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Mitochondrial Signaling in Hypoxia

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DOI: 10.4236/ojemd.2013.33029    2,822 Downloads   4,851 Views   Citations
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ABSTRACT

This paper focuses on a bioenergetic mechanism responding to hypoxia. This response involves hypoxia-induced reprogramming of respiratory chain function and switching from oxidation of complex I (NAD-related substrates) to complex II (succinate oxidation). Transient, reversible, compensatory activation of respiratory chain complex II is a major mechanism of urgent adaptation to hypoxia, which is necessary for 1) succinate-related energy synthesis in the conditions of oxygen shortage and formation of urgent resistance; 2) succinate-related stabilization of HIF-1α and initiation of its transcriptional activity related with formation of long-term adaptation; 3) succinate-dependent activation of the succinate-specific receptor GPR91. Thus, mitochondria perform a signaling function with succinate as a signaling molecule. Effects of succinate in hypoxia occur at three levels, intramitochondrial, intracellular and intercellular. In these settings, succinate displays antihypoxic activitie. The review is focused on tactics and strategy for development of the antihypoxic defense and antihypoxants with energotropic properties.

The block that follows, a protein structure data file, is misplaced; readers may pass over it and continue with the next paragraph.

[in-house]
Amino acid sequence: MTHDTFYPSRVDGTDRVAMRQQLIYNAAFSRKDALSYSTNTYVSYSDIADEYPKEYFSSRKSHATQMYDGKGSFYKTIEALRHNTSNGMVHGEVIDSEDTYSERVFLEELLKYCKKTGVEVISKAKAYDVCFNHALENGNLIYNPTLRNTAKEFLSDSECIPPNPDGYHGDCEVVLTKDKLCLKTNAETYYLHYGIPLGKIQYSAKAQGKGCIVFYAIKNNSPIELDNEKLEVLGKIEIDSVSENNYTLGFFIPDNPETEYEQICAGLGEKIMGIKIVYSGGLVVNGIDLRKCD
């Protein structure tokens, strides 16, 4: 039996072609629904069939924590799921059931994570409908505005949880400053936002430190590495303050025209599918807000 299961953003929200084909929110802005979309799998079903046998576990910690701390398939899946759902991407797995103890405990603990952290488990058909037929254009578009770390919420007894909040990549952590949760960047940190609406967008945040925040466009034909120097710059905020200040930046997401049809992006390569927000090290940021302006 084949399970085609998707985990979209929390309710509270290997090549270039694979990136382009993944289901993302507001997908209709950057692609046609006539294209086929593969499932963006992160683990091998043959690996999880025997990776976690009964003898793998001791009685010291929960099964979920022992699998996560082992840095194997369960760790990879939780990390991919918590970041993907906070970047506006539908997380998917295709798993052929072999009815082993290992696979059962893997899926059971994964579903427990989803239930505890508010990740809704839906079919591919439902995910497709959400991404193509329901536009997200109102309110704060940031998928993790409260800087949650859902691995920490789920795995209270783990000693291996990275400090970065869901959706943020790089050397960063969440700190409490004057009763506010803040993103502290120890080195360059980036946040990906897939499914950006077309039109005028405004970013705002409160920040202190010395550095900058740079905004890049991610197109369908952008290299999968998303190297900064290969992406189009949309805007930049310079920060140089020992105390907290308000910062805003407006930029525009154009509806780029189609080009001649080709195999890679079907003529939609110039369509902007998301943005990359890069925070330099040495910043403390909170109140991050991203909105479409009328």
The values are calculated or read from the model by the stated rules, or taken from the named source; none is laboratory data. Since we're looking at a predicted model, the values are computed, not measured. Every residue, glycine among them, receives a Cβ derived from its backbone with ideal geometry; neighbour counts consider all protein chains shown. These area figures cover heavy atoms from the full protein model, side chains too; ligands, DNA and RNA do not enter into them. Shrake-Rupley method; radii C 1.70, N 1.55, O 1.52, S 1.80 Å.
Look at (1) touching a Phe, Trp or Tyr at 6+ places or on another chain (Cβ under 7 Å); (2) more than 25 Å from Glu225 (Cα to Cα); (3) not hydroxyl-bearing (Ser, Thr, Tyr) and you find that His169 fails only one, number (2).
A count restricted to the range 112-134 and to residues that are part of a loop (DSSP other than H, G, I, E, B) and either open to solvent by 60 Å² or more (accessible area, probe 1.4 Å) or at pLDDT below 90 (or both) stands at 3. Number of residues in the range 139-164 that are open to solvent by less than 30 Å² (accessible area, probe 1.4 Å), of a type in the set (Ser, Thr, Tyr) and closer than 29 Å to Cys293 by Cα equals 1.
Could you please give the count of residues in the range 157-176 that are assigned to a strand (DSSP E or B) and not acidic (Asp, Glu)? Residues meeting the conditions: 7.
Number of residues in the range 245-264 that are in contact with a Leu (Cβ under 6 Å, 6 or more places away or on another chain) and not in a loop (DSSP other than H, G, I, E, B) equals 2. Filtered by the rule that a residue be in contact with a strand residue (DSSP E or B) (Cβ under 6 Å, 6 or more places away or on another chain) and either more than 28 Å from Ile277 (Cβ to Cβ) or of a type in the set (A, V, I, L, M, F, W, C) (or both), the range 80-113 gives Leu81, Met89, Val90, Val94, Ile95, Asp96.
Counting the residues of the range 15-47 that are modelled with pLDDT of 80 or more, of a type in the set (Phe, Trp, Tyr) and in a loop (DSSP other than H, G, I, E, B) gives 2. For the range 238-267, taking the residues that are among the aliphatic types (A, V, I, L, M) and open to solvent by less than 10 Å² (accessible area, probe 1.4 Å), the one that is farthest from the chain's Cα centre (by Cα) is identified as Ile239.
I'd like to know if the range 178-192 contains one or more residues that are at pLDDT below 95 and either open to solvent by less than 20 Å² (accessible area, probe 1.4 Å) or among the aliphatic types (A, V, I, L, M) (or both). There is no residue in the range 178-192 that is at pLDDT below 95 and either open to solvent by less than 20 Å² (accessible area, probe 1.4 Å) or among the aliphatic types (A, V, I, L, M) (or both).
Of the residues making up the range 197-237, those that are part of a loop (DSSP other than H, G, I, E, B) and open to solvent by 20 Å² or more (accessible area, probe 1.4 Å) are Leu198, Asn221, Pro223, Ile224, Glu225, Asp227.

Conflicts of Interest

The authors declare no conflicts of interest.

Cite this paper

L. Lukyanova, "Mitochondrial Signaling in Hypoxia," Open Journal of Endocrine and Metabolic Diseases, Vol. 3 No. 3, 2013, pp. 213-225. doi: 10.4236/ojemd.2013.33029.

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